Of course there are dangers in opening ourselves up to another human being within the community of faith. In unhealthy congregations, one person’s confession can soon become the latest source of gossip- it might even be written up to our great horror in the church newsletter. But when there are healthy safeguards in place that honor confidentiality and mutuality in sharing, confession, I believe, is fundamental to our life together as those called and sustained by God’s Love.
There is something enormously freeing about being known, the clay jars that we are, and being loved just as we are. Unfortunately, many of us these days find that we must look elsewhere, outside the walls of our church communities, for this kind of unconditional love- and many of us find it there. I recently spoke with a friend, an artist, who said he experiences this sort of “unconditional love” every year at “The Burning Man” festival, and there are many like him. Sadly, too many of us have been hurt by the church, or have found that a veneer of “holier-than-thou” God talk there keeps us from opening up about our deepest wounds (those places where we fall short of God’s best for us and our neighbor).
My resolution this New Year is to be more truthful with those closest to me about my struggles- and this is a scary thing for me. But when we learn to tell the truth about who we are and where we have come from, we free ourselves from the power of our secrets. In his memoir, Telling Secrets, Frederick Buechner writes, “I not only have my secrets. I am my secrets. And you are your secrets….Our trusting each other enough to share them with each other has much to do with the secret of what it is to be human.”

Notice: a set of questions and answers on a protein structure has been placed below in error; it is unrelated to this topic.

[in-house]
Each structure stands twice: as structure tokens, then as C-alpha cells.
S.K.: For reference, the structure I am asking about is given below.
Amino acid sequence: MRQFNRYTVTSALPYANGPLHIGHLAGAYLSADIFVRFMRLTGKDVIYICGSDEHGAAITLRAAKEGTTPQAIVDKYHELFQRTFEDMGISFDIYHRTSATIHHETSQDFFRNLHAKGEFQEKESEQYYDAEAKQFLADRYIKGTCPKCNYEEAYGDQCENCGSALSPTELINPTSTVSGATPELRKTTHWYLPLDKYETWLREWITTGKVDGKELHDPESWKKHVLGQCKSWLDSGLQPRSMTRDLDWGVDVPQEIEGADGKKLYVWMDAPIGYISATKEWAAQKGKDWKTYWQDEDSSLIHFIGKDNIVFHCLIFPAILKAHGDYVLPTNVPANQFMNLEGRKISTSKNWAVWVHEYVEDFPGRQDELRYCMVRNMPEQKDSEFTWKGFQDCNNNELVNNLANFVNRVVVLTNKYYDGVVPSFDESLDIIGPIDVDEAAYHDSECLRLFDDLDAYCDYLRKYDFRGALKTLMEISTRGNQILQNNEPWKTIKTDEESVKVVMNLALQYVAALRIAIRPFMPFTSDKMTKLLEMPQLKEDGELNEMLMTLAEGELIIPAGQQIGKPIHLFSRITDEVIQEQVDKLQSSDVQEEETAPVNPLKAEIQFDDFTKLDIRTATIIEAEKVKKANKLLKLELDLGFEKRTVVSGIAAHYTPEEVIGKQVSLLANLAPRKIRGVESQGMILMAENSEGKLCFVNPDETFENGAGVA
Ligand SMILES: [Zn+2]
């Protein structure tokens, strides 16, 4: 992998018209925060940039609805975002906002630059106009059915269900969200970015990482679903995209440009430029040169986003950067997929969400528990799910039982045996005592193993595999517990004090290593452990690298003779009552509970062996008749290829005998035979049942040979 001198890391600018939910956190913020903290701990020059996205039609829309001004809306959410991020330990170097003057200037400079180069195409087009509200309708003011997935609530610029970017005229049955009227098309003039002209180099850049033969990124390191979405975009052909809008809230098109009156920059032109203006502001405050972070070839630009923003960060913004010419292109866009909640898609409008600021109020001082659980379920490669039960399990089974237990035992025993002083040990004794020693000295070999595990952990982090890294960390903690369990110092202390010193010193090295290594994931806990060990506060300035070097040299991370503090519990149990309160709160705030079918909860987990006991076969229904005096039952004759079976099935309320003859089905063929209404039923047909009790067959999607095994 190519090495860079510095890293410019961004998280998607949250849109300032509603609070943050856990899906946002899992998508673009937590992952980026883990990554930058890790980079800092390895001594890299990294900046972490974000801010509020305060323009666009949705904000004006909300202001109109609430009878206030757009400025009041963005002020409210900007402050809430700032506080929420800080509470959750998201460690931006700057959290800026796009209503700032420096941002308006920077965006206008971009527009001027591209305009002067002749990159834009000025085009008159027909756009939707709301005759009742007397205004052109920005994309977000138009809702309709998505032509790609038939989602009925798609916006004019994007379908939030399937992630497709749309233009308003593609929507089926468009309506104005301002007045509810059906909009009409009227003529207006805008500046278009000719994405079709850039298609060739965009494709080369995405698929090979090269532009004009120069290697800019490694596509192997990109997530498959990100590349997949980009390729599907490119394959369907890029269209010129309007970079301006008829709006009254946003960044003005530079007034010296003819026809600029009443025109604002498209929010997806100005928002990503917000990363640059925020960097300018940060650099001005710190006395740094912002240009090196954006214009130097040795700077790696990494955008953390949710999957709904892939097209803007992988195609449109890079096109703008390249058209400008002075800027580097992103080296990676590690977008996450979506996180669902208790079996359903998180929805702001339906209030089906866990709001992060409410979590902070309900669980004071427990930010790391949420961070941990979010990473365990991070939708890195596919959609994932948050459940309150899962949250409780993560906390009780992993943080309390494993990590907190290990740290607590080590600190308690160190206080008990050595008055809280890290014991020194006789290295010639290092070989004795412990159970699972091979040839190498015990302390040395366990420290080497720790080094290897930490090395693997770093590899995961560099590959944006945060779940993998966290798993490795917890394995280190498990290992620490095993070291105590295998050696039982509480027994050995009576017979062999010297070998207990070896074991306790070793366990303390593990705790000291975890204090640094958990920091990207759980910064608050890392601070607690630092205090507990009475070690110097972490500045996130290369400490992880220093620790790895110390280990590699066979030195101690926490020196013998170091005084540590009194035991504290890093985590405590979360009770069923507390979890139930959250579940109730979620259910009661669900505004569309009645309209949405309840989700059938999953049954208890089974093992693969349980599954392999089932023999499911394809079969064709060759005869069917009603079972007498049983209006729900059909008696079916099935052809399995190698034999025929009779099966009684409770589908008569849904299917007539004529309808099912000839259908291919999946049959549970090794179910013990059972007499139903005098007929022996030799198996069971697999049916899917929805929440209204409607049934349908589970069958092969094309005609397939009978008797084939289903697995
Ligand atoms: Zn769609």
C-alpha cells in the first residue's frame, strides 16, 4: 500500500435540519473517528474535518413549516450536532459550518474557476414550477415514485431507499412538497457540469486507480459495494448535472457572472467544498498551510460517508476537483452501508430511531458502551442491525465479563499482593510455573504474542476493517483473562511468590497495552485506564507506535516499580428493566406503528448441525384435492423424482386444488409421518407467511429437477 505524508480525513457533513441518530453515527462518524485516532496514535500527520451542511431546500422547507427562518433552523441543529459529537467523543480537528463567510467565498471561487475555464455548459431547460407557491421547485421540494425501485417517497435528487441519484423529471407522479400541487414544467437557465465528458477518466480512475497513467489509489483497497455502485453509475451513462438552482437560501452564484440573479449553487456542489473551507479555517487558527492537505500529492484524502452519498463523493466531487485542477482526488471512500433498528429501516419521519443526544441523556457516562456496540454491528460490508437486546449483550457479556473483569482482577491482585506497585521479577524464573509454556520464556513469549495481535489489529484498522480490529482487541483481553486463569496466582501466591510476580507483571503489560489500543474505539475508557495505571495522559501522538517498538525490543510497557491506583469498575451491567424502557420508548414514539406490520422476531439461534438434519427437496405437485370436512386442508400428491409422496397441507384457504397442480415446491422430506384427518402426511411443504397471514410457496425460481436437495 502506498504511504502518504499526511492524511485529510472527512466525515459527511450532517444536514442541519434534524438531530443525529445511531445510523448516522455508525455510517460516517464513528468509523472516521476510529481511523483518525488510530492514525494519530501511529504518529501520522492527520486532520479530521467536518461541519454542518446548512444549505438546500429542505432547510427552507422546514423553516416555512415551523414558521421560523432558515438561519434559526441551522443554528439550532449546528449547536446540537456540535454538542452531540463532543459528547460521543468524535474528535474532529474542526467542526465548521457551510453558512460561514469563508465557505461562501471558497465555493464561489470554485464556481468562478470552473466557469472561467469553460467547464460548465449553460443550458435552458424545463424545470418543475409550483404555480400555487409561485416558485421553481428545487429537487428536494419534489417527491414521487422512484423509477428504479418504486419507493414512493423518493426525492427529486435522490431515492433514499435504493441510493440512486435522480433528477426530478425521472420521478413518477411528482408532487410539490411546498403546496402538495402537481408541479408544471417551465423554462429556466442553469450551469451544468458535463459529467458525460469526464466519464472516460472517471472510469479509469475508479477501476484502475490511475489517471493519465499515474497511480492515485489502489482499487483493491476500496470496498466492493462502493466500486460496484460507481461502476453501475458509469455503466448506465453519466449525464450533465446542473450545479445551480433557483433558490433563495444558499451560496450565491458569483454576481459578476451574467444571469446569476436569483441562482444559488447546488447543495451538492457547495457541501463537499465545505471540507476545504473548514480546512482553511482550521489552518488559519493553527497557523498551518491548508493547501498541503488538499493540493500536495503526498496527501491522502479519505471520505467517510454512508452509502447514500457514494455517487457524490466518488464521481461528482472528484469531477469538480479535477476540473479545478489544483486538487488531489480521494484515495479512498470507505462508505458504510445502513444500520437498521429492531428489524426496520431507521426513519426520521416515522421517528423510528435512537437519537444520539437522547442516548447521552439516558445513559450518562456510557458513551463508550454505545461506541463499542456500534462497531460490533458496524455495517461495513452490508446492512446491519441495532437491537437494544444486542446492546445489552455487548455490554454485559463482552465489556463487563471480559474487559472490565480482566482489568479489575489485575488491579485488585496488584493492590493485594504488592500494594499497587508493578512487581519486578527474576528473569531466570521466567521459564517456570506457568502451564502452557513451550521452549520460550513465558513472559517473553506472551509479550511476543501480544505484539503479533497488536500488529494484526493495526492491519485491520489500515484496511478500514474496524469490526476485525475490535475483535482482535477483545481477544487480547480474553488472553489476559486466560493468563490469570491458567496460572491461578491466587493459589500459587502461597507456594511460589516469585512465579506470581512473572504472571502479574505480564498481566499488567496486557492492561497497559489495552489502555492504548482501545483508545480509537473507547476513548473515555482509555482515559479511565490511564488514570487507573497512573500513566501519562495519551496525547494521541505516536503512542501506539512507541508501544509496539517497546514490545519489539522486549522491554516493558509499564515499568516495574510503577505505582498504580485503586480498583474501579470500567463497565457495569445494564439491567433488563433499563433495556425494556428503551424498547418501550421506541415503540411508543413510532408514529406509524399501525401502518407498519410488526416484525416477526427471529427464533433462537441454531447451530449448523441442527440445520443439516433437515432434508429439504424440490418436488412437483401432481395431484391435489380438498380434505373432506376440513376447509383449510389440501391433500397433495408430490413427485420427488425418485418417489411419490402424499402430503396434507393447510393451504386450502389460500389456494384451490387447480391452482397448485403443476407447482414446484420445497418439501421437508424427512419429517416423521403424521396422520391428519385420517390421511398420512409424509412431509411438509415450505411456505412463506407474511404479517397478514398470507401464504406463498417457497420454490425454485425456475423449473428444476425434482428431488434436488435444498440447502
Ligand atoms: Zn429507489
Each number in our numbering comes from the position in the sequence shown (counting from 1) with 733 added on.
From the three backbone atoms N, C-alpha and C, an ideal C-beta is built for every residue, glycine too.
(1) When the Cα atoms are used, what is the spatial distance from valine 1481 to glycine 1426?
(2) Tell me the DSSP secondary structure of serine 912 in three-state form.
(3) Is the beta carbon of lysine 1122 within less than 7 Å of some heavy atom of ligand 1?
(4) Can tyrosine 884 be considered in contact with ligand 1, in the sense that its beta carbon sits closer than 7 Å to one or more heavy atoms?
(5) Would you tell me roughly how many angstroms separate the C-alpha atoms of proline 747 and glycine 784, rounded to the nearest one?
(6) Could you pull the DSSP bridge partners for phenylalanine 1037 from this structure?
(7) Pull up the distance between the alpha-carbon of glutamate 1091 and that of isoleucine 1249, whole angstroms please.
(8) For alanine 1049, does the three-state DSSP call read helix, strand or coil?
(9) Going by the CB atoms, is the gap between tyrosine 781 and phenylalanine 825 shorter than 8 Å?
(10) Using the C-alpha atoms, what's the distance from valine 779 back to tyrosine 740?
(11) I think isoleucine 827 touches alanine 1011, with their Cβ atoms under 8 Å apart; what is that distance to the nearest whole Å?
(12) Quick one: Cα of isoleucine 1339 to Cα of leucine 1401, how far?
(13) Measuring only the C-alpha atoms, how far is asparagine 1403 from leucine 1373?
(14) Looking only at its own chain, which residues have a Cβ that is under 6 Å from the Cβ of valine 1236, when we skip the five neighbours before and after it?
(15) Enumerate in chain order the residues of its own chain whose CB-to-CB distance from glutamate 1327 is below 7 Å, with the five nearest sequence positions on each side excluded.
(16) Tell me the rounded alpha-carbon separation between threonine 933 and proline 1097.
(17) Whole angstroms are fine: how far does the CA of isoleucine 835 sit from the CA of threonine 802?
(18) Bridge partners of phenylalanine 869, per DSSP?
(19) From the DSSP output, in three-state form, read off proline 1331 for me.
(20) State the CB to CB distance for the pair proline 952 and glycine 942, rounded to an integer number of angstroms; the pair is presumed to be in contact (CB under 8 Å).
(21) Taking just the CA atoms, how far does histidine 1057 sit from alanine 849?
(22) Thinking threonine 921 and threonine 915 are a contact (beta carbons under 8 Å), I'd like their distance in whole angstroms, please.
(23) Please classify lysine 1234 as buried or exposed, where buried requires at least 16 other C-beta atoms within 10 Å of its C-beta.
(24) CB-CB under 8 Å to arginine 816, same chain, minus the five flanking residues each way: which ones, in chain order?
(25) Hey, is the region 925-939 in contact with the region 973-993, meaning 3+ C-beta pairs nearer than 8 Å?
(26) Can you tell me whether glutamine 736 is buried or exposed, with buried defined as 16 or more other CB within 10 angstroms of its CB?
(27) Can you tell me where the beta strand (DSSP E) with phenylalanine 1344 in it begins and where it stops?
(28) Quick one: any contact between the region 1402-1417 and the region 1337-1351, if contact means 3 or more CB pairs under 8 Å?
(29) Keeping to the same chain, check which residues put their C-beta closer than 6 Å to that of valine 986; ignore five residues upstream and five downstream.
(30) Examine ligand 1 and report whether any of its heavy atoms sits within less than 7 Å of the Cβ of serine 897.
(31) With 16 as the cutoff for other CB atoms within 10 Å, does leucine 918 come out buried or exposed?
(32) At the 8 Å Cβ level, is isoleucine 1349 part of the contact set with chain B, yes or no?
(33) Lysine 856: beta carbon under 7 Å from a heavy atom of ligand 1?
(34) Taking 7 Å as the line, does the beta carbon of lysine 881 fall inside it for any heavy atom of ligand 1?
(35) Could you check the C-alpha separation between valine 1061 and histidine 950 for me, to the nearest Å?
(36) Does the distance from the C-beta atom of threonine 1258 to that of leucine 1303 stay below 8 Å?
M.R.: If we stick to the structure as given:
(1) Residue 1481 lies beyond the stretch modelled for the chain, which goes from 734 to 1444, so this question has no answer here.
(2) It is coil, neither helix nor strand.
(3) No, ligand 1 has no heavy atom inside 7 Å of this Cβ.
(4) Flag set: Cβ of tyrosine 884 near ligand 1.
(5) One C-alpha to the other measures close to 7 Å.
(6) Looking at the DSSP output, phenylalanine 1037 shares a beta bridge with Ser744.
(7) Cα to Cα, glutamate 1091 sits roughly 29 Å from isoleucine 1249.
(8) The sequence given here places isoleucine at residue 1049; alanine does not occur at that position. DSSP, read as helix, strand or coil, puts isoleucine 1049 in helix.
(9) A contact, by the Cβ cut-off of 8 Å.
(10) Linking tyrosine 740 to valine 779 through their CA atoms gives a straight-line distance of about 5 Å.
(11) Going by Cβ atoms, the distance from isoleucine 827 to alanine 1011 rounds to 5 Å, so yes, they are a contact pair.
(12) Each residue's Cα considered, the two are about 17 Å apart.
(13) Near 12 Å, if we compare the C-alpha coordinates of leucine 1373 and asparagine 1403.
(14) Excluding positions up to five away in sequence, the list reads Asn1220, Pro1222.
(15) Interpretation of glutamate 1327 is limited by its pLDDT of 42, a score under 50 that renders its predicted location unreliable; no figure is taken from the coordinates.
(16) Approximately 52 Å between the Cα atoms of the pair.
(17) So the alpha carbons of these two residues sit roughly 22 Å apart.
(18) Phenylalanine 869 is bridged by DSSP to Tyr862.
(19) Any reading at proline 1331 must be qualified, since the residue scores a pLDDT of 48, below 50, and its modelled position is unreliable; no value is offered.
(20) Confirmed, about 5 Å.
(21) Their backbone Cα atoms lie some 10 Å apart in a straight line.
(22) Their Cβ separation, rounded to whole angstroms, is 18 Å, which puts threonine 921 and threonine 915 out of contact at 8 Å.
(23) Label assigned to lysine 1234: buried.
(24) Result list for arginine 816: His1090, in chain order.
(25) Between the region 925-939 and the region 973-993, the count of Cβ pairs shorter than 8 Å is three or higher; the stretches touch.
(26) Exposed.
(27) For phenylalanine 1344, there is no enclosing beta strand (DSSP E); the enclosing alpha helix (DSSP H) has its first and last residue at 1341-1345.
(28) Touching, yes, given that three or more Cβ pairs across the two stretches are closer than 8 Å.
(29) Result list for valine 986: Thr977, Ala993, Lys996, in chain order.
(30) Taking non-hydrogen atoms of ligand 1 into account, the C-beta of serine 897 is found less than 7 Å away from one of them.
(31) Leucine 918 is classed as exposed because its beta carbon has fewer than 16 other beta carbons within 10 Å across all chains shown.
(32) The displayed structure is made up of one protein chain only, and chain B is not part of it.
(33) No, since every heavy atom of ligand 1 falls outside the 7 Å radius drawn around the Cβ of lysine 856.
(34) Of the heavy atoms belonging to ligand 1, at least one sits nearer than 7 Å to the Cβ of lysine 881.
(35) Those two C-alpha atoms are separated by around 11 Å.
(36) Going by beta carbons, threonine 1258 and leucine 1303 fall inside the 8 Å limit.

If you have read Dostoevsky’s novel, Crime and Punishment, which is one of my favorites, then you may recall that poignant scene in which Raskolnikov, having committed murder, confesses his crime to his love interest, Sonia, and asks her what he should do. She replies, “Go at once, this very minute, stand at the crossroads, bow down, first kiss the earth which you have defiled and then bow down to all the world and say to all men aloud, ‘I am a murderer!’ Then God will send you life again.”
Most of us, saints and sinners alike, haven’t killed anyone- at least literally. But the turbulence and even violence in our own hearts can hurt those around us, manifesting itself in unhealthy ways of relating to those closest to us. (To paraphrase the writer, Solzhenitsyn, the line between good and evil goes right down the center of the human heart.) And we can let these wounds fester, keeping them to ourselves in the dark nooks and crannies of our hearts, out of shame, spiritual pride or despair over our brokenness.
But Sonia’s challenge to Raskolnikov- to tell the truth about who he is and who he has been- is not a self-destructive death wish. It is the very pathway to new life that Raskolnikov so desperately needs. It is a surrendering to God’s love- the very thing that makes the world go round despite our efforts, knowingly or unknowingly, to get in its way. When we, like Rasknolnikov, surrender, we make way for new life to break in on our darkness.
The secret, I am learning, is that we don’t do this kind of surrendering just once. We do it over and over. Often we have to do it about the very same things. And this surrendering hurts, precisely because it involves the suffering of having to change. Wendy Farley, in The Wounding and Healing of Desire, likens this process to the way in which our physical bodies heal: in the same way that a broken bone needs to be re-set, or a fever “awakens the body to the need to drive our disease,” or our healing requires “painful measures like surgery, bad-tasting medicine, or diet and exercise,” our being reconciled with God and one another requires sometimes painful but therapeutic measures, the practice of confession being one of these.
Fortunately, it is precisely in these places that God’s grace meets us. My new favorite band these days is Mumford and Sons. They sing a song called “Roll Away Your Stone,” which might just as well be talking about what we Christians call “confession”: